David wrote in his prayer of confession in Psalm 51 “The sacrifices of God . . . (that is, the sacrifice that really gets God’s attention) are a broken and a contrite heart.”

Broken hearted people are used by God to restore a broken world.  Why?  Because they’ve have come to see His greatness and they’ve come to admit their guilt. 

They’ve caught a fresh glimpse of His sovereignty and their own sin.  And they’ve admitted to both – they’ve submitted to the consequences of both sovereignty and sin.  We don’t usually pray like this.

But the Bible promises to those who do, “If we confess our sin, He is faithful and just to forgive us our sin and to cleanse us from all unrighteousness.”

My wife came home from the grocery store several months ago with the kind of beef hotdogs, or Franks, we like to eat.  No fillers, no by-products – no artificial colors – no added flavors.   This way you know that you’re not eating something collected off of 10/10.

Marsha brought home this brand called Hebrew National kosher Beef Franks.  As we were eating some of those Kosher dogs, she read to the children the statement on the back of the package that she had noticed in the store.  Immediately after she read it I said, “That would make a great sermon illustration somewhere down the line – can I keep the package.”   She’s used to this strange behavior and gave it to me.  I’ve kept it now for several months in this plastic baggie so that it wouldn’t give my file drawer and my study an unusual smell.

Listen to what this company believes: On  the front of the package it reads, “Hebrew National” and underneath is the by line which reads, “We answer to a higher authority.”  Then on the back they have a paragraph that reads, “You’ve heard the word KOSHER, but did you know that it literally means ‘fit to eat?’  Hebrew National must follow strict Biblical dietary laws, use only certain cuts of kosher beef, and meet the highest standards for quality.  For over 95 years, our commitment to manufacturing products of only the highest quality means that artificial by-products are simply not allowed.  Kosher also stands for quality and goodness, and that’s why we believe our franks taste so superior.  Hebrew National answers to a higher authority – so that you can enjoy the best.”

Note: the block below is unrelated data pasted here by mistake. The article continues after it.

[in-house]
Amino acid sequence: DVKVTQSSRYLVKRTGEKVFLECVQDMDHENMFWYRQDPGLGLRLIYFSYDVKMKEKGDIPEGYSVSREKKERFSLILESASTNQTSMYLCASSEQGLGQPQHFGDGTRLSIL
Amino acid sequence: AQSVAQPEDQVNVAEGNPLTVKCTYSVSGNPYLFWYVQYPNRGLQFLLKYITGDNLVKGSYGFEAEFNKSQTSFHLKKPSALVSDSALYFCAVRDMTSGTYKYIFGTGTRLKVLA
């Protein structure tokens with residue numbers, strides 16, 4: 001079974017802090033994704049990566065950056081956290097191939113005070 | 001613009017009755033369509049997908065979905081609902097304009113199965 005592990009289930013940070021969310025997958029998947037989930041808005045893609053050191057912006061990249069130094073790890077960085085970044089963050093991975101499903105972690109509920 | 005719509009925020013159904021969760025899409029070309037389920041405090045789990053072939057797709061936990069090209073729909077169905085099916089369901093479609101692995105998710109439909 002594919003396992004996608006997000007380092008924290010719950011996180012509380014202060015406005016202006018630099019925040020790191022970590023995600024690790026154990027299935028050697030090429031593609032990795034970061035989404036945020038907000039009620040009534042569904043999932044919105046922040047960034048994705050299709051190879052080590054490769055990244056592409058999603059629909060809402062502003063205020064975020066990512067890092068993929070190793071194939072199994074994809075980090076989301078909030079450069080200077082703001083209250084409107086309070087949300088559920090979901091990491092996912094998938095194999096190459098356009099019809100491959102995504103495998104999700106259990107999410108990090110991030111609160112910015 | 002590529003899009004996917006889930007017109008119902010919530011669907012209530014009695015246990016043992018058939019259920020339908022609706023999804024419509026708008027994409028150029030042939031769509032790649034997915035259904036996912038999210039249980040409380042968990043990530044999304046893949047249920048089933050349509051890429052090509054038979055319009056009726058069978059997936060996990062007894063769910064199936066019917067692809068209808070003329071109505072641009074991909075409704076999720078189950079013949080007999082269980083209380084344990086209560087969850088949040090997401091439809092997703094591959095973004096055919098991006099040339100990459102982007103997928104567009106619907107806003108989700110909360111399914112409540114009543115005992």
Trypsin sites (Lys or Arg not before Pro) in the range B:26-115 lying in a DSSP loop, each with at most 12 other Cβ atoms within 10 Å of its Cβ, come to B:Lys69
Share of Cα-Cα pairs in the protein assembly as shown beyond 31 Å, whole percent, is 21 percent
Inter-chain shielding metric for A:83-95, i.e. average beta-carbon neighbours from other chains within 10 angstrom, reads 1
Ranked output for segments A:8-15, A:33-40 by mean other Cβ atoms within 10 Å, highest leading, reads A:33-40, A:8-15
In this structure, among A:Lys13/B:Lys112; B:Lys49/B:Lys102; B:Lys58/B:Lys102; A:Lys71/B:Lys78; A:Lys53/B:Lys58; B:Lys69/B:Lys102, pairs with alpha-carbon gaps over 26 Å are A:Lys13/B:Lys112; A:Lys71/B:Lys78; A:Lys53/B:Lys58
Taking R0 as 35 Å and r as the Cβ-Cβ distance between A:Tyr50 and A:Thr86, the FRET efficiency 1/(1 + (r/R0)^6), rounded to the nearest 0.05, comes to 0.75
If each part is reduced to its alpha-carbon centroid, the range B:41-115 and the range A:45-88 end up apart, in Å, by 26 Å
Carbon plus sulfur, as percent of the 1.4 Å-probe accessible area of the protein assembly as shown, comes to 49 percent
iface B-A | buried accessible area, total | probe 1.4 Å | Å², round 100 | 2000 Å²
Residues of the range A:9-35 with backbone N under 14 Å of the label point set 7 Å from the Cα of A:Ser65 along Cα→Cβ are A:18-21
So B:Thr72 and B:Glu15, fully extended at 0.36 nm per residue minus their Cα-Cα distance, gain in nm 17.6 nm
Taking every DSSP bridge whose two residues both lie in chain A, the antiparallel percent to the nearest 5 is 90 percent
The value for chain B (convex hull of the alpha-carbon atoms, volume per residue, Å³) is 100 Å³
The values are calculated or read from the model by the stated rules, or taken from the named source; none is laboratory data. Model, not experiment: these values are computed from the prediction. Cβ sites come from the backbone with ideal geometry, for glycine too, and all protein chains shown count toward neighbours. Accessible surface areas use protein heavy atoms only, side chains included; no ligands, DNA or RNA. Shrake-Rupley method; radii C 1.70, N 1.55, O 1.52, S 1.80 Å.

Isn’t that great?!  Imagine a company so convinced that they answer to a higher authority, it completely governs the way they make hot dogs. 

Oh if only every Christian lived as if stamped upon his hands and his feet and his heart the words, “I answer to a higher authority.” I am accountable to a Higher being.  And when I go to Him in prayer, I don’t tell Him anything, I answer to Him for everything.

“We answer to a higher authority!”  What a great motto for the Christian life.

 

For those here willing to adopt that as your standard for living, you are well on your way to gaining the maximum attention of God.

And you’re ready to take the next step in this path of prayer.